Opening Up To Acceptance

Dr. Purushothaman
August 22, 2013

Rich or poor, male or female, British or Bhutanese, in many ways we are all fundamentally the same. We all want to be happy. Each of us wants to feel proud of our achievements and to be respected for them. We all seek a partner and family who love us. Everyone strives for a meaningful, satisfying life. These shared goals and desires are what make us human.

But if we suffer from low self-esteem we will struggle to enjoy our day-to-day existence. Every criticism cuts us to the quick, while praise just bounces off because we don't believe it. No matter what we achieve, how much we earn or how often others tell us we are decent and good, we struggle to accept it. Because deep down, at our very core, we feel bad, flawed, unlovable.

So if you have low self-esteem it's important to work on it, either with a therapist or with some 'bibliotherapy' from an excellent book like Melanie Fennell's Overcoming Low Self-Esteem. I recommend this book to all my clients with esteem issues – it's designed as a CBT self-help workbook, so you can learn to be your own therapist (much cheaper too, I must admit!).

But in my opinion, even more important than self-esteem is self-acceptance. That's because we often gain self-esteem through the things we do, have or achieve. Especially in our celebrity-obsessed culture, we have come to equate self-esteem with being famous (even if it's just for being famous), skinny, youthful or wealthy. This kind of esteem is superficial and unsustainable, because what happens when your youth is gone, or you find that money doesn't bring happiness after all (for example: did you know that, after a while, Lottery winners return to their baseline happiness levels, or even end up more unhappy than they were before winning?).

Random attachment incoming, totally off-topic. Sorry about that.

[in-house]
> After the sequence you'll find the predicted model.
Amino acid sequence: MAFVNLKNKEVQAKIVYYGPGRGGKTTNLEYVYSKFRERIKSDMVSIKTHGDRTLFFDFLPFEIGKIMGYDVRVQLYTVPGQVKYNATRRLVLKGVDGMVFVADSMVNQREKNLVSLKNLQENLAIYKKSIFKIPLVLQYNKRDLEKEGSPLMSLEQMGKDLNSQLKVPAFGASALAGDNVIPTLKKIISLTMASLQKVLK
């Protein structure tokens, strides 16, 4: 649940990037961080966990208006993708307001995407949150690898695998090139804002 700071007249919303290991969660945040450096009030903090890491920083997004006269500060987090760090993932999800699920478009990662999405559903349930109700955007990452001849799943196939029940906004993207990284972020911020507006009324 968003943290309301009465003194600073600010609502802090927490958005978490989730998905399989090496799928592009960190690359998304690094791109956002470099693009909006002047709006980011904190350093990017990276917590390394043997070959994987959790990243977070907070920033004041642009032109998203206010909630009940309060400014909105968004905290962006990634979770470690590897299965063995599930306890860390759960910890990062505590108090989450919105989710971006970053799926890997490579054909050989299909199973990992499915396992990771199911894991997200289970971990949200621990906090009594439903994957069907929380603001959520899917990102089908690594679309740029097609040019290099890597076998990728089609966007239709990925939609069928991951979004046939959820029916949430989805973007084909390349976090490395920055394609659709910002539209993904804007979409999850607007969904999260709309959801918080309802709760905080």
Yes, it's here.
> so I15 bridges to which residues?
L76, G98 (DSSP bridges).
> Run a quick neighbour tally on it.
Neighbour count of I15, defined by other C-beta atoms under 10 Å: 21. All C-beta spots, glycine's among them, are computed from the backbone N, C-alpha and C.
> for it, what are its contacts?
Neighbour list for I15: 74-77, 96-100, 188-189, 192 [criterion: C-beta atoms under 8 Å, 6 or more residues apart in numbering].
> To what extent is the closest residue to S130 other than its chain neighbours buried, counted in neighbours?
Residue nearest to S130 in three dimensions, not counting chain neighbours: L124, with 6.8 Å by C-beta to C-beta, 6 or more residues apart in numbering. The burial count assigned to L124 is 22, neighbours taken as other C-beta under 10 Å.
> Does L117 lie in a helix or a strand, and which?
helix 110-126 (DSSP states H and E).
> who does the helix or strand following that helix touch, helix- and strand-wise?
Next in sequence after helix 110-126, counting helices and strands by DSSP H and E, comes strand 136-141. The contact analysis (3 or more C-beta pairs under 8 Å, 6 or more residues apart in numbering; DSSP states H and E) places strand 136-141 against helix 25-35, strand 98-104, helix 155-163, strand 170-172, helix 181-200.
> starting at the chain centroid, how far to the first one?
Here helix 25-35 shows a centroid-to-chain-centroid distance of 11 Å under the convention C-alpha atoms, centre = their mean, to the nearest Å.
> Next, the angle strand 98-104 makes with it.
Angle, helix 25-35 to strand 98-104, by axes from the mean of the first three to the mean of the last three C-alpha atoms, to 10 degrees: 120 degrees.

Self-acceptance means feeling good about yourself right now, exactly as you are – inhabiting this imperfect body, with these wrinkles on your face, famous/not-famous, rich/poor, married/single. This is not easy, and counterintuitive in some ways, because we all have parts of us we try to disown or pretend are not there. Unfortunately, this doesn't work very well, because the harder we try to ignore the bits we don't like (our anger, say, or vulnerability) the more loudly they clamour for our attention. So it's better to accept yourself warts and all.

Meditation is an excellent companion on your journey towards self-acceptance, because the more you meditate, the more you come to realise that true happiness and contentment lies within. To be happy, we must let go of what the Buddha called the mind's three poisons: greed, hatred and delusion (in other words: wanting more stuff; being angry with or hating others; and refusing to see things as they are, rather than as we wish they were). Ironically, happiness lies in doing exactly the opposite of what those celebrity magazines tell us to do – craving things we don't need is what makes us miserable, not lacking them.

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